Asia stocks mixed, oil extends fall on weak demand: markets wrap
Stocks in Asia traded mixed on Wednesday with oil extending declines following a report indicating American gasoline demand will drop.
A gauge of the region’s equities was little changed, as Chinese benchmarks fluctuated between gains and losses. Treasuries steadied in Asian trading after bets on a Fed pivot next year sent bond rates sharply down Tuesday. 10-year yield fell below 4.6% as traders dismissed hawkish comments from Federal Reserve officials. US equity futures were little changed.
Oil tumbled to a three-month low as a forecast drop in US gasoline consumption added to a growing array of indicators suggesting the demand outlook is worsening. China, the world’s biggest importer, is also seeing dimming oil demand as winter approaches.
“A drop in oil prices is due to concerns about a stagnant demand against a backdrop of uncertainty about the global economy,” said Rina Oshimo, senior strategist at Okasan Securities. “There’s a noticeable decline mainly in economically sensitive stocks such as trading companies, steel, and marine transportation.”
Global equities are poised for a double-digit rally in 2024 if the Fed pivots its monetary policy and allows the economy to avoid a recession, according to HSBC Holdings Plc strategists. The S&P 500 rose in price an average 13% in the nine months after the last rate hike in the past three decades, said Sam Stovall, chief investment strategist at CFRA and author of “The Seven Rules of Wall Street.”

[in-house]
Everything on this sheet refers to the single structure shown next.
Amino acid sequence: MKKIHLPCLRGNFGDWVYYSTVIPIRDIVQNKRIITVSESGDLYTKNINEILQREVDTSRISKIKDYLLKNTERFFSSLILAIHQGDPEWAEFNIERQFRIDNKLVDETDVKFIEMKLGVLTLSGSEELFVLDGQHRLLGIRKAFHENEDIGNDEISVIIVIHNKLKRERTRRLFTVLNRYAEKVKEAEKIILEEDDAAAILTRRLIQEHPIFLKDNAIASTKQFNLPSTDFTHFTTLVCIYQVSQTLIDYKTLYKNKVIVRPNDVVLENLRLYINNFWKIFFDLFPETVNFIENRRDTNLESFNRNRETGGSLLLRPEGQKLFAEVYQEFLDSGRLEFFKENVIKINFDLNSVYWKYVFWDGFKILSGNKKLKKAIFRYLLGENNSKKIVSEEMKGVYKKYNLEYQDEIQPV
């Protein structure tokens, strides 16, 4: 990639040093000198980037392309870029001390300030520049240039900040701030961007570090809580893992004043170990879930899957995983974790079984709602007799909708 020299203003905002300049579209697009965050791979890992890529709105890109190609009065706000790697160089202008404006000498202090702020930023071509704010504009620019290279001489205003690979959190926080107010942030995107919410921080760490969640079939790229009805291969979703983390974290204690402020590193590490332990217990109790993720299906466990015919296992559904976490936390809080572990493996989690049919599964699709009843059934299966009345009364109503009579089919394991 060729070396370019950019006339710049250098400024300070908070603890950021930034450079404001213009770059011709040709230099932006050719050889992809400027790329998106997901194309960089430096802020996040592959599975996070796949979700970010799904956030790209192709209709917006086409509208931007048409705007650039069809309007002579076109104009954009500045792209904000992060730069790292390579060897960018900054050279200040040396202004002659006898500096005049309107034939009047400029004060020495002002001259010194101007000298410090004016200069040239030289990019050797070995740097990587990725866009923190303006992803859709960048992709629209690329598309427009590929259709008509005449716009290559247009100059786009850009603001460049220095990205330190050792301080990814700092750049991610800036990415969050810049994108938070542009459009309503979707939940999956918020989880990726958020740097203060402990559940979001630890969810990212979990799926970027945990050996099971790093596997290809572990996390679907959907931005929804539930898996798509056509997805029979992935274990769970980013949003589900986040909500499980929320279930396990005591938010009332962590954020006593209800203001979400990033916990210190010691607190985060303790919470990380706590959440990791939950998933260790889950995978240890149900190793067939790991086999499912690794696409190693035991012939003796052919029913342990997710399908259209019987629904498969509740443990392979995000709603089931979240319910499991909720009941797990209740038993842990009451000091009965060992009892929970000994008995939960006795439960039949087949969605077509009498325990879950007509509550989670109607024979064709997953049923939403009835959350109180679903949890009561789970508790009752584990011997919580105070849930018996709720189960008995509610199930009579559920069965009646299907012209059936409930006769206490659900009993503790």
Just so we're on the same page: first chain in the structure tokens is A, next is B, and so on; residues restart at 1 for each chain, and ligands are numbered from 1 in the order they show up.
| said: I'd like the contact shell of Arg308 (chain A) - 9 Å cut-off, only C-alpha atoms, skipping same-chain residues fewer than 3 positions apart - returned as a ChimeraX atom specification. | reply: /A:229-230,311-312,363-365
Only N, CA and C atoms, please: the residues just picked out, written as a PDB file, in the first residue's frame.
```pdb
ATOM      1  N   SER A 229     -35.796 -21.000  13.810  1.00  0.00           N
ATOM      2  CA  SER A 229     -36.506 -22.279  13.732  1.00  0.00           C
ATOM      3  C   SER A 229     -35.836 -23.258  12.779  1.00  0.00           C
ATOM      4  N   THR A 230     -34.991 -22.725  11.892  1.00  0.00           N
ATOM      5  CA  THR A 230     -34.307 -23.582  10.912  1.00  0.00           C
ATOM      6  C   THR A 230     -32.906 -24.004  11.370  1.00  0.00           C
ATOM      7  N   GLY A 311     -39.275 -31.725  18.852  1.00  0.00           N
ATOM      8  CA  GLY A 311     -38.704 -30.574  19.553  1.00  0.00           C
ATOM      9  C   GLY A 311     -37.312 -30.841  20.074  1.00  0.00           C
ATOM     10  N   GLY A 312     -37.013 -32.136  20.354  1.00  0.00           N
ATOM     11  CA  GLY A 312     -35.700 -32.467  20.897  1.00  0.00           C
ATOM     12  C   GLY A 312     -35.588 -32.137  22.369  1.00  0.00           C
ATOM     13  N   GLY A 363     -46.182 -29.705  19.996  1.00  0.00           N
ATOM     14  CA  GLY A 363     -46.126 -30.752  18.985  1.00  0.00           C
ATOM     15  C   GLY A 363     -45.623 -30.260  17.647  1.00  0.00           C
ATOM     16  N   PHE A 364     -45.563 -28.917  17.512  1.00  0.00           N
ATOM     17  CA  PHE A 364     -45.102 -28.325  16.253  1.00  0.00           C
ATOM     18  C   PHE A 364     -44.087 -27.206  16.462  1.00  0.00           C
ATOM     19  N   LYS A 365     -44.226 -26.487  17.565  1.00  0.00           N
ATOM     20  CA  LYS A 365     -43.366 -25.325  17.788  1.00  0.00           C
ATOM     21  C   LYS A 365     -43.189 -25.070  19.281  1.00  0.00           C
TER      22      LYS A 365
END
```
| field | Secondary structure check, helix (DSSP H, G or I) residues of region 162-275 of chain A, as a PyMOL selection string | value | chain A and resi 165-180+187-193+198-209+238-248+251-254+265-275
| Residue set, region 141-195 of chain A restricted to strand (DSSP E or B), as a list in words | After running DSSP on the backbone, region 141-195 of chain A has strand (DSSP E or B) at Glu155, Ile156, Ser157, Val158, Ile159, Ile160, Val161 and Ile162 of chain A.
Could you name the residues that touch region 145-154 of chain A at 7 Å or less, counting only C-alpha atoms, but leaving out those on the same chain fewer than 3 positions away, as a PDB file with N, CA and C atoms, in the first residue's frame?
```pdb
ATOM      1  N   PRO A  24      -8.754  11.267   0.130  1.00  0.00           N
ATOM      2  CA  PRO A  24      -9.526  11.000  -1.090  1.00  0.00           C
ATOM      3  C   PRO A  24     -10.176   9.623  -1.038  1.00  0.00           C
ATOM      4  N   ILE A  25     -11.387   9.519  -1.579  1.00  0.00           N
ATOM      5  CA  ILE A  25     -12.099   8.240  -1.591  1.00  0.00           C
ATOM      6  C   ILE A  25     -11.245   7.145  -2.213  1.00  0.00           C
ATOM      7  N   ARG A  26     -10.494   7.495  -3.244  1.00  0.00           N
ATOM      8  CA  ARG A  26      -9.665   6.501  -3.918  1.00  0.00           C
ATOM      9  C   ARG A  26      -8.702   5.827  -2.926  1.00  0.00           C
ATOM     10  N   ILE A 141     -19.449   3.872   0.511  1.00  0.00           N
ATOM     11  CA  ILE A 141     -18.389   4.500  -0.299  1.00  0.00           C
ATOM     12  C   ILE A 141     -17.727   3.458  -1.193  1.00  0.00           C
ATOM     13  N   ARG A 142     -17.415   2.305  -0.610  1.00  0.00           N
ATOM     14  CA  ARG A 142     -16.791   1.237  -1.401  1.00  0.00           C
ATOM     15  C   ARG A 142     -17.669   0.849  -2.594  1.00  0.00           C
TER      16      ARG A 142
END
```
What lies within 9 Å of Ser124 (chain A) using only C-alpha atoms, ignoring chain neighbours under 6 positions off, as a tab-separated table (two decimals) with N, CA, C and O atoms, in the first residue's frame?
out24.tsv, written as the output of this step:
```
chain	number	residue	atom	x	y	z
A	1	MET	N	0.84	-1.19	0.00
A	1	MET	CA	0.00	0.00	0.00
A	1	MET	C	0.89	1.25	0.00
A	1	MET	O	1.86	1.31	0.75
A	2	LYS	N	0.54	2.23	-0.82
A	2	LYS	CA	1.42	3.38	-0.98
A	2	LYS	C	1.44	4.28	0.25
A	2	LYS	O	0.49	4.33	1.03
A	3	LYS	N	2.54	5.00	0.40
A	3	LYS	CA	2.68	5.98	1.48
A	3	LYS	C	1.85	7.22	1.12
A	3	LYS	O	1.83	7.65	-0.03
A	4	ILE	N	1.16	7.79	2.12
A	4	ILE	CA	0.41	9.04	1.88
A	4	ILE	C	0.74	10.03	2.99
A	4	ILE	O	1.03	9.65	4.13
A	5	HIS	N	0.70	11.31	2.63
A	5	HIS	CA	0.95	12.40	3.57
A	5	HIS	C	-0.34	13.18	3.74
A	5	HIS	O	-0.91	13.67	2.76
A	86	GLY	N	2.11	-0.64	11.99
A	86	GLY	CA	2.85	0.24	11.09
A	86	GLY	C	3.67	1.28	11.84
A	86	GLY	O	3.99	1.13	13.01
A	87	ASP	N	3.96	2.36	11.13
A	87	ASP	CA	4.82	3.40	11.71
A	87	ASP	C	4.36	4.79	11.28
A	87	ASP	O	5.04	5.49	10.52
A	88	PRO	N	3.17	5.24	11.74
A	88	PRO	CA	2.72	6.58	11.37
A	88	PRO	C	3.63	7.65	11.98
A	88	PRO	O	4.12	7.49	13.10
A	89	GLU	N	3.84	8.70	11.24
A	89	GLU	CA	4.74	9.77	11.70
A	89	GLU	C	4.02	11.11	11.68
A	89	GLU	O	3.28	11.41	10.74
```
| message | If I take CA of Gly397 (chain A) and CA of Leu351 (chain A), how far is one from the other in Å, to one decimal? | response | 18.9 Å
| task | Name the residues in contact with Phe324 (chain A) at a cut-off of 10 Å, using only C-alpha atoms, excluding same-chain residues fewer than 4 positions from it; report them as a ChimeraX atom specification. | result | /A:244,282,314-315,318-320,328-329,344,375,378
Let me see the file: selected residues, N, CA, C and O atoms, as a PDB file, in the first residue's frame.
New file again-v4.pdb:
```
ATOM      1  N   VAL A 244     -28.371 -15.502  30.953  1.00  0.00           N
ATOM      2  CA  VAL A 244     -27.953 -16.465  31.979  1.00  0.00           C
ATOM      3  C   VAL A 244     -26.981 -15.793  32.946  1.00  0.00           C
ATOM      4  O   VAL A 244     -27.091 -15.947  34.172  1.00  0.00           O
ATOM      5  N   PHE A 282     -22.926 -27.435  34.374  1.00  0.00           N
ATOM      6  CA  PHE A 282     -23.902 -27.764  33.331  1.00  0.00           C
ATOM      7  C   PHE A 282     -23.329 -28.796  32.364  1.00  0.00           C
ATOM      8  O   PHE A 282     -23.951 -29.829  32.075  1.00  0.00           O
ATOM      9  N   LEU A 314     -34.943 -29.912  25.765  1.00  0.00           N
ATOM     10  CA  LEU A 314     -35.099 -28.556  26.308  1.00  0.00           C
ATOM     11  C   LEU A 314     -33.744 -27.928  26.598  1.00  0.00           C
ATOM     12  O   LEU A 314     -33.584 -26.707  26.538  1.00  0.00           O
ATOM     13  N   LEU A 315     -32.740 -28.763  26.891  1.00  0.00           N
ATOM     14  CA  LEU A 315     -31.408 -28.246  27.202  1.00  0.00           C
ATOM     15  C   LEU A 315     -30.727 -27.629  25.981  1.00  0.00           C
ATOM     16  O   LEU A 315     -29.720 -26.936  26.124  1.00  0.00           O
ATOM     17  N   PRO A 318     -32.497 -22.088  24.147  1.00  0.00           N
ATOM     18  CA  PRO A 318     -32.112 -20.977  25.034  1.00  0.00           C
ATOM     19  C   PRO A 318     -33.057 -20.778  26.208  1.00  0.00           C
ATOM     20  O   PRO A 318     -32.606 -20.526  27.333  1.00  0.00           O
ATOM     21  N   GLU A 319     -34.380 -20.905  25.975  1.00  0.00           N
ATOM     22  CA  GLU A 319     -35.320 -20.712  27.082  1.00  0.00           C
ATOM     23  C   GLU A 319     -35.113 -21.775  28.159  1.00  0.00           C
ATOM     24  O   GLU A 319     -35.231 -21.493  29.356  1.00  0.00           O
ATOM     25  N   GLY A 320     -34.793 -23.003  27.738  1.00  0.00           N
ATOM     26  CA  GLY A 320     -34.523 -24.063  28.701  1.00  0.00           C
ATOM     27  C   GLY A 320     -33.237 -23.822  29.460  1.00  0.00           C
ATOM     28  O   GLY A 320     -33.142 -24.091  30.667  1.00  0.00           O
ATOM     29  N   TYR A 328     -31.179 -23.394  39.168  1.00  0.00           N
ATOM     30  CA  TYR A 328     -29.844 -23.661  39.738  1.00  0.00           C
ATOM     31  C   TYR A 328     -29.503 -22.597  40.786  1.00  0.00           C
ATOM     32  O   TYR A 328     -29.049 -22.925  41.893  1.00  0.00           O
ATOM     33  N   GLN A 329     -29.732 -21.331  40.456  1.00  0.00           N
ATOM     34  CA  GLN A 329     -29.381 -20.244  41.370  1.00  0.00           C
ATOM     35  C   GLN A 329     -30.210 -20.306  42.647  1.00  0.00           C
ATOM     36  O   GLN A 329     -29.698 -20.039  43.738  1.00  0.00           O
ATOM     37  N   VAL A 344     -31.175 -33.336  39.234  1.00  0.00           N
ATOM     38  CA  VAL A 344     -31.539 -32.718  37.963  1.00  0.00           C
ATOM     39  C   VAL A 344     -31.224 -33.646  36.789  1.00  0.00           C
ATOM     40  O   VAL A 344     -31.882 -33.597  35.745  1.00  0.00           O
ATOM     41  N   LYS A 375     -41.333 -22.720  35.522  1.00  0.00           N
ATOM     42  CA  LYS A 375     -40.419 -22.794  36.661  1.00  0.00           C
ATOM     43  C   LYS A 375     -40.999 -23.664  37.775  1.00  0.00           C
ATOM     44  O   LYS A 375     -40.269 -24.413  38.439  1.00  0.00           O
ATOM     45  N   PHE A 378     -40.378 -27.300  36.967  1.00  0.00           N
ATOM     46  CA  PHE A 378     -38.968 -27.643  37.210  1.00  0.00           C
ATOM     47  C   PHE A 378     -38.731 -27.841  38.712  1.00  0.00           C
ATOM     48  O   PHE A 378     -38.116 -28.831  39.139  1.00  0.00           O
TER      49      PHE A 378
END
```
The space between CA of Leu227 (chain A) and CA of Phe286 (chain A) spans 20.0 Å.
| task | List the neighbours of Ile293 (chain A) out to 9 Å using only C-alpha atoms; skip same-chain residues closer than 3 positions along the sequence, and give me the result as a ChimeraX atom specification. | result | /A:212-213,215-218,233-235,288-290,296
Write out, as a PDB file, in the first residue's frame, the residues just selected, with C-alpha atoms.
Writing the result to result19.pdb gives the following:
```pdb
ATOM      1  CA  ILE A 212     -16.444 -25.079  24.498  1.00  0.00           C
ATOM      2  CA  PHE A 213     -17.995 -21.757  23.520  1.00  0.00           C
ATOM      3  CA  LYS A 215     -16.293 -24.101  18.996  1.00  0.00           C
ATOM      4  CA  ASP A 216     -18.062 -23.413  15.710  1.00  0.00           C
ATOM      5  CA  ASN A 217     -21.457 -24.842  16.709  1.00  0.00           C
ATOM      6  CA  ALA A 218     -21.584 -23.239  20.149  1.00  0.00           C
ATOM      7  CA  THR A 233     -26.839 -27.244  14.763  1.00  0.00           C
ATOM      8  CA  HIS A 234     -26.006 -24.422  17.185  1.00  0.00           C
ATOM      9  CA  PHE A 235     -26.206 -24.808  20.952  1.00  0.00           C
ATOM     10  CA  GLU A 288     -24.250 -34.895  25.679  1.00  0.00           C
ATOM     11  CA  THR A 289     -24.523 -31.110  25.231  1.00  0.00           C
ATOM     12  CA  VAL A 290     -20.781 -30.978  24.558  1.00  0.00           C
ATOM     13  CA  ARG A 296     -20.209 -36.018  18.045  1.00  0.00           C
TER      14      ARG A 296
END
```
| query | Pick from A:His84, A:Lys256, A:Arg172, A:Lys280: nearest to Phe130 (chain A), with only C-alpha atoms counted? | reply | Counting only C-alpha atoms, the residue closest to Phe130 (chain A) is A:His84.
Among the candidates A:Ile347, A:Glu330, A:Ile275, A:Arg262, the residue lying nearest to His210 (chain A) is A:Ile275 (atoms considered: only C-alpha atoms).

Chinese equities whipsawed after falling yesterday on the nation’s trade data yesterday. Beaten-down Chinese equities may have an opportunity for gains with the possible upcoming meeting between leaders of the US and China next week, according to the chief investment officer of Templeton Global Equity Investments.
Elsewhere, the bond market is betting on a “dovish pivot” for the seventh time since the Federal Reserve and other central banks embarked on a tightening cycle, raising the prospect of another false dawn, according to Deutsche Bank macro strategist Henry Allen. Australia’s 10-year yield declined after the central bank signalled a higher hurdle to further policy tightening on Tuesday.
Fed Bank of Minneapolis president Neel Kashkari said policymakers have yet to win the fight against inflation and they will consider more tightening if needed. His Chicago counterpart Austan Goolsbee said officials don’t want to “pre-commit” decisions on rates.
Several of the US central bank’s more hawkish policy makers signalled that the cumulative tightening of financial conditions since July — with yields on 10-year Treasury bonds up more than 100 basis points — could have a dampening effect on the economy, though they want more time to see if it will last. Fed governor Christopher Waller called the run-up in yields an “earthquake” for the bond market.
The US dollar strengthened for a second day on Tuesday with all G10 peers underperforming against the greenback. Gold was little changed after dropping to a two-week low.